Seeing is believing, yet we're not sure market participants are completely convinced that they can believe what they see this morning. Hot on the heels of an ugly session on Monday, the futures for the major indices are all noticeably higher.
The S&P futures are up 14 points and are trading 1.0% above fair value. The Nasdaq 100 futures are up 38 points and are trading 0.9% above fair value. The Dow Jones Industrial Average futures are up 136 points and are trading 0.9% above fair value.
There are some ostensible catalysts for the positive disposition, yet we think it starts with how the market finished Monday. To that end, the S&P 500 closed on an uptick after testing an important support level at the February low (2532.69).
Accordingly, one can make a case this morning that the positive bias is more technical in nature than anything else, especially since it holds the distinction of being deeply oversold on a short-term basis.
This market should be ready to bounce on that basis. Then again, that proclamation could have been reasonably made yesterday and Friday, and it mattered little in the end on each of those days.
It's possible today could be different, but it could very well take a test of the early rally effort to see if today's rebound try has some staying power or whether it will power down like every other rally effort has since the start of October with a prevailing inclination to sell into strength.
Watch the behavior of the financial, transportation, and retail stocks for some important cues. They have been among the hardest-hit areas in December and are influential drivers of economic sentiment. If this market is going to rally, and sustain a rally, these beaten-up stocks should be assuming a leadership position.
On the latter note, it's not enough for them simply to go down less than other stocks. At this juncture, you want to see them actually go up and lead the market.
It could be a tall order knowing that global growth concerns have been validated in part by Japan cutting its GDP growth outlook for the current fiscal year and next, Switzerland cutting its GDP growth outlook for 2019, and Italy said to be contemplating a cut to its GDP growth forecast for 2019.
In turn, the Housing Starts and Building Permits Report for November wasn't as strong as the headline figures suggested, as it featured little to no growth in both permits and starts for single-family units.
Total starts increased 3.2% to a seasonally adjusted annual rate of 1.256 million units (Briefing.com consensus 1.230 million), yet starts for single-family units declined 4.6% to 824,000, which is the lowest since May 2017. Total permits increased 5.0% to a seasonally adjusted annual rate of 1.328 million (Briefing.com consensus 1.270 million), yet permits for single-family units were up just 0.1% to 848,000.
The key takeaway from the report is that it substantiates the weakening levels of homebuilder confidence and is a reflection of the impact rising interest rates are having on single-family construction activity.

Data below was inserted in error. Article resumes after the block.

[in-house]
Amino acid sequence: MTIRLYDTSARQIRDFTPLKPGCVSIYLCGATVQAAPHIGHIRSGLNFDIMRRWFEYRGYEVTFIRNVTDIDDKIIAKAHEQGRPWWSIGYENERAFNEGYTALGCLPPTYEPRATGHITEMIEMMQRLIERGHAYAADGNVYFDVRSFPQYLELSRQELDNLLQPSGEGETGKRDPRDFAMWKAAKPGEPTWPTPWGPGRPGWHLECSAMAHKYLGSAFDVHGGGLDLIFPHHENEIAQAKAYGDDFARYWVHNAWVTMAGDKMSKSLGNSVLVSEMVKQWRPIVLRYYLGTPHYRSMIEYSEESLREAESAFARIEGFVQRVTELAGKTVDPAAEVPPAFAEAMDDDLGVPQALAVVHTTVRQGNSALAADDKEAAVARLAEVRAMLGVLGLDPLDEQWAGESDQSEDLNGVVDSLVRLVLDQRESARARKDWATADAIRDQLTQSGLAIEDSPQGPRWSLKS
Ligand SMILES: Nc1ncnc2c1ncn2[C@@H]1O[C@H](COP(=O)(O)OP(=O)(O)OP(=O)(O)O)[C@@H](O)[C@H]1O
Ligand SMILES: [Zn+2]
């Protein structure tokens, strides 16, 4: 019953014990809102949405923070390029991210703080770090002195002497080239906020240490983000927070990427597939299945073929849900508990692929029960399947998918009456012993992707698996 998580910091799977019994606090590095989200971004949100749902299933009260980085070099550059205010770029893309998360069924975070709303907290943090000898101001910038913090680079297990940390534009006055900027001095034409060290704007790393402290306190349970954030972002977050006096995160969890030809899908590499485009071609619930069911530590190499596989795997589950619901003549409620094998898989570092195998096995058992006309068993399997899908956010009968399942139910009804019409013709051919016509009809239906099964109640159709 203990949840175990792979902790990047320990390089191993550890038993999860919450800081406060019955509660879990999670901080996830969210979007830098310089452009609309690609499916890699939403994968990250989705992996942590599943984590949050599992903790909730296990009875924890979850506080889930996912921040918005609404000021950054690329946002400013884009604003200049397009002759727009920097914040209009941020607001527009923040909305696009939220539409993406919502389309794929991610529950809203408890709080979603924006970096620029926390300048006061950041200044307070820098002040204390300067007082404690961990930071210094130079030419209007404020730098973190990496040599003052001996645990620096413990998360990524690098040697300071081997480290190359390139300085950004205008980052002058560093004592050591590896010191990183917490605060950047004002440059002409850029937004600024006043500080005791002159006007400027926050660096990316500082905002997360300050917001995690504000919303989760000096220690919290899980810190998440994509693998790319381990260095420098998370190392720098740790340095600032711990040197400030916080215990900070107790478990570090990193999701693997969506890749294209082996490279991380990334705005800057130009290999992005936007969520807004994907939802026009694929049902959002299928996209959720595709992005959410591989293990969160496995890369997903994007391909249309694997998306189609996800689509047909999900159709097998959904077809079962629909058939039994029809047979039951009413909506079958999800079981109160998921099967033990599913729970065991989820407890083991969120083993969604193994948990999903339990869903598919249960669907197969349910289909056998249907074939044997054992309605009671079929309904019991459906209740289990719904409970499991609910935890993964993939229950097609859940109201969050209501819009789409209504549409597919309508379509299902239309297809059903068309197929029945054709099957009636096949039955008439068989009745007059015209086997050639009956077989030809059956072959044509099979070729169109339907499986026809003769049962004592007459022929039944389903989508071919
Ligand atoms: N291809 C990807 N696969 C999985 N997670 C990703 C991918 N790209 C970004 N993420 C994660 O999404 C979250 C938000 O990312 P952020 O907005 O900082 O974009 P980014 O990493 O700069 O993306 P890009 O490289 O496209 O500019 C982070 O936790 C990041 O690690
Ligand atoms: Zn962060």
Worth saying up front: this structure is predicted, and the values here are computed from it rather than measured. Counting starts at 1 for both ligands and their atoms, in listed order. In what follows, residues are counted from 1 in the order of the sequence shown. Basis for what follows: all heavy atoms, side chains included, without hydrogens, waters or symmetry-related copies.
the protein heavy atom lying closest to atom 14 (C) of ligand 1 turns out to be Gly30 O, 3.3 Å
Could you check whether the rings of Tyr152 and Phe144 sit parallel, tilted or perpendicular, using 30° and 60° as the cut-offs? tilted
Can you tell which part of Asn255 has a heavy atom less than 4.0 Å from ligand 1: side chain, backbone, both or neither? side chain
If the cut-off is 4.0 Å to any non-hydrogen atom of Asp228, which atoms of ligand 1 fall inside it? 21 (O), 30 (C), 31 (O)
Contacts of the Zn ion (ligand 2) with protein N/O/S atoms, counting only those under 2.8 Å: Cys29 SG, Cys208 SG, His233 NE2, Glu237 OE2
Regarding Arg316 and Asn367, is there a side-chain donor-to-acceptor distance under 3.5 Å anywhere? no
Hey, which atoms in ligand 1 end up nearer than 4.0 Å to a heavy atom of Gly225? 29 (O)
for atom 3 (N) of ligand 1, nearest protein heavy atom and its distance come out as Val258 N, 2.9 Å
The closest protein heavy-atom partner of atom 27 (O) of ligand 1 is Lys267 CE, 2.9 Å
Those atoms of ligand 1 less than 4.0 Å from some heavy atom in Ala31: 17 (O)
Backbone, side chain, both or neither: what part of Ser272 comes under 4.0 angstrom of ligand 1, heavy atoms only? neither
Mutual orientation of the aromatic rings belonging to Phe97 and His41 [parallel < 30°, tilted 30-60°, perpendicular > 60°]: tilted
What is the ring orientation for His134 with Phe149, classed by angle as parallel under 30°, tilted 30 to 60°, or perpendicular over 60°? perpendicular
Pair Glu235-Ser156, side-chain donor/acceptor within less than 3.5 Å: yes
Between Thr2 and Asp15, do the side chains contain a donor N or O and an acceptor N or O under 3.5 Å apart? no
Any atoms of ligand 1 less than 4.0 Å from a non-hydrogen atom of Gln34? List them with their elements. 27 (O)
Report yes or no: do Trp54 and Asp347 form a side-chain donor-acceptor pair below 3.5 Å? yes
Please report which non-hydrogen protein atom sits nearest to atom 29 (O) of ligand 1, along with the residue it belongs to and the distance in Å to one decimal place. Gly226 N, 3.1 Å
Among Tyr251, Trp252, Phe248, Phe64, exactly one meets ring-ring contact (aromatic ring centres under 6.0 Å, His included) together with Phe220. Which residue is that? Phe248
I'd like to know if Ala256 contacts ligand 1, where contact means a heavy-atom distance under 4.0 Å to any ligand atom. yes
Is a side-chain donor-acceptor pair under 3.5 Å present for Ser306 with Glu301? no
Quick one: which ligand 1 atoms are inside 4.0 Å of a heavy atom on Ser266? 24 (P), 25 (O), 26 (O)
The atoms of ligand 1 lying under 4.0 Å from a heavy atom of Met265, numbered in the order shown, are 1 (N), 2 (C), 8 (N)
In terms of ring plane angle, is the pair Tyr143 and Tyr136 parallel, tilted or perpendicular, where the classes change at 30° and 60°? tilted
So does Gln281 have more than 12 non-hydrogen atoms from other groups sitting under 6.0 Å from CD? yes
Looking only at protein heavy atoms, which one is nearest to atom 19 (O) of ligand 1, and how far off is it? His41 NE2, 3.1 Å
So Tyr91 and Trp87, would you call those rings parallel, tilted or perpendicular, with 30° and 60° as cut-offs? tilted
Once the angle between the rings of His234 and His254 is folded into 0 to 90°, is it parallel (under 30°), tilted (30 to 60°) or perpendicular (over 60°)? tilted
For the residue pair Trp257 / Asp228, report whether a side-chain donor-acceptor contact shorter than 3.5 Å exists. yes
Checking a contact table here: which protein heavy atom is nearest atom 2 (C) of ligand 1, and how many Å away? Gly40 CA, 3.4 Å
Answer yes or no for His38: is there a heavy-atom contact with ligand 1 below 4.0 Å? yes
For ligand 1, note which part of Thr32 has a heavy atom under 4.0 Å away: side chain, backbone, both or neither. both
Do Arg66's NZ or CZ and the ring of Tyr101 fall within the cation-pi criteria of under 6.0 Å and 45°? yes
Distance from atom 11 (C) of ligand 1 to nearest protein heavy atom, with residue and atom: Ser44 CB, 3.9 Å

It is another data point that can give the Federal Reserve some reason to project a more conservative rate-hike outlook for 2019. The market will know more on that front tomorrow when the FOMC publishes a new policy directive and updated projections at 2:00 p.m. ET.
Chatter has picked up of late that the Fed should forego a rate hike this week, yet the CME Fed Watch Tool shows a 71.5% probability of a rate hike at tomorrow's meeting, which suggests there is still a prevailing view that there will be a rate hike.
President Trump is urging the Fed not to raise rates again, making his wishes known in a tweet this morning, which also featured a suggestion to end the $50 billion of quantitative tightening each month.
That tweet should get plenty of air time since the FOMC meeting, and the debate surrounding it, is going to get plenty of air time between now and tomorrow.
Something else that will get some air time is the policy speech given by Chinese President Xi Jinping. His basic message was for China to keep plowing ahead with its policy goals, offering a reminder to listeners that, "no one is in position to dictate to the Chinese people what should or should not be done."
It is hard to get a sense from that position that China is going to acquiesce to the structural changes the U.S. wants it to make by March 1. We'll know soon enough.
In other developments, Boeing (BA) made a shareholder-friendly (and market-friendly) announcement, saying its Board authorized a 20% increase in the quarterly dividend and the replacement of a prior buyback plan with a new $20 billion authorization.
Johnson & Johnson (JNJ) for its part announced a new $5 billion share repurchase plan in a sign of confidence in its outlook as it contends with the fallout from allegations the company knew its baby powder contained asbestos. The company has refuted those allegations.